Animal Bite First Aid

In Primary Care

Animal Bite First Aid

Most animal bites suffered by people come from domesticated animals, typically dogs. However not as common, the hard-to-clean puncture wound bites from cats and birds are known to cause infection because they can’t be thoroughly cleaned.

If your pet hasn’t been properly immunized for disorders such as rabies, or you’ve been bitten by a wild animal such as a bat, raccoon or skunk, seek medical attention right away to avoid potentially painful medical conditions.

Follow these animal bite first aid tips:

  • Surface wounds. If the bite only damages the top layer of skin (surface level) and there doesn’t appear to be a threat of rabies, clean the wound thoroughly with soap and water. Use an antibiotic ointment to prevent possible infection, and either wrap with medical gauze or apply a bandage.
  • Deep wounds. If the animal bite results in a deep puncture wound through the skin, or the skin is badly damaged, use a clean, dry cloth to apply pressure and stop the bleeding. Seek medical attention immediately.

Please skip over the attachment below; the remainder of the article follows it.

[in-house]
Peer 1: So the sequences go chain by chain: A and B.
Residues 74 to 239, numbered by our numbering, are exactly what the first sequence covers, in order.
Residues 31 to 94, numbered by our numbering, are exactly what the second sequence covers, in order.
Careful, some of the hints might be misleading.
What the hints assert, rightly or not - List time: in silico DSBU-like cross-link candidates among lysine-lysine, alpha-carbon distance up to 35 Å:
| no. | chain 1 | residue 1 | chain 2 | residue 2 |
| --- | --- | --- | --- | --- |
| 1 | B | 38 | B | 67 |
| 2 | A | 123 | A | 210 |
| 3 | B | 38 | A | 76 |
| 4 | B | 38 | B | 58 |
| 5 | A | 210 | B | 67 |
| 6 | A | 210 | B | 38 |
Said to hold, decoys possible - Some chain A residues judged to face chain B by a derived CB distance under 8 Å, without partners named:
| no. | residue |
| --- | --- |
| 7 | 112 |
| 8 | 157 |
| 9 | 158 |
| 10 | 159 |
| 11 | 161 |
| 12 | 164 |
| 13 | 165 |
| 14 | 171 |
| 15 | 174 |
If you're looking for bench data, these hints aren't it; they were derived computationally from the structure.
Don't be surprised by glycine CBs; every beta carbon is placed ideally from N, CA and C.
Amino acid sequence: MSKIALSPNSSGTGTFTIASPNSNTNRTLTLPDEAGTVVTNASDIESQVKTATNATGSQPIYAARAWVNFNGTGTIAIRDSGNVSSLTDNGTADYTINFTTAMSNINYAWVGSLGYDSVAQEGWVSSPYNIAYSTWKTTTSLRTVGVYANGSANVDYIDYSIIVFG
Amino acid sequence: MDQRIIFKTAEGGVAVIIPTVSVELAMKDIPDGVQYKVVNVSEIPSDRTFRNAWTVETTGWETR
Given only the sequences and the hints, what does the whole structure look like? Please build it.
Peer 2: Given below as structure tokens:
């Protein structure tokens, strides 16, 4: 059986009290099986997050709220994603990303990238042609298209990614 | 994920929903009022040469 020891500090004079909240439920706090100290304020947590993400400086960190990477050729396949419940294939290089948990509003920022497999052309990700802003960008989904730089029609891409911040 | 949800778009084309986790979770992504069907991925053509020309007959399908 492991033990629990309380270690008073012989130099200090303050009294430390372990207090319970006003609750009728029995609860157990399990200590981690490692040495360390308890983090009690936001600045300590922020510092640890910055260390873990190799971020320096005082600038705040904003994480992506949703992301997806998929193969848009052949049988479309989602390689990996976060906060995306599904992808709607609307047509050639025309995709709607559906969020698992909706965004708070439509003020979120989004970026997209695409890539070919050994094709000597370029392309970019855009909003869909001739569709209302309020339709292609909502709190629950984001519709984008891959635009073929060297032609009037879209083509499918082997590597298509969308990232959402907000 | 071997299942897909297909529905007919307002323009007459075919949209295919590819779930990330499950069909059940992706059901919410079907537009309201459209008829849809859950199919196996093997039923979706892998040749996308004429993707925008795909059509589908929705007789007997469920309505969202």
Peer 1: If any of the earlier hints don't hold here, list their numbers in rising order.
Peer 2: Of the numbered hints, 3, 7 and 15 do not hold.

• Infection. If there appears to be signs of a possible infection like swelling, redness, or oozing puss, seek medical attention immediately.
  • Suspected rabies. Seek medical attention as soon as possible if you believe there’s a possibility that the animal who bit you might carry rabies.

You may have noticed a common theme among those animal bite tips: Seek medical attention immediately. This is because any major damage to the skin or flesh needs to be treated as soon as possible to repair the tissue and prevent infection. Additionally, the threat of rabies is real. Untreated rabies can lead to death. Symptoms of rabies may include fever, headache, increased salivation, muscle spasms, paralysis, and/or inability to think clearly.

Animal Bite Recap: Seek immediate medical attention if…

  1. The bite is a deep puncture wound.
  2. The skin and surrounding tissue is badly damaged, torn and bleeding profusely.
  3. Signs of infection such as swelling, redness, and oozing puss are present.


Padmini Rajan, MD

4726 Habana Ave Tampa, FL 33614
Primary Care
“The good physicians treat the disease; the great physicians treat the patient who has the disease,” according to Dr. Padmini Rajan, an internist and primary care physician with the Florida Primary Care Group.

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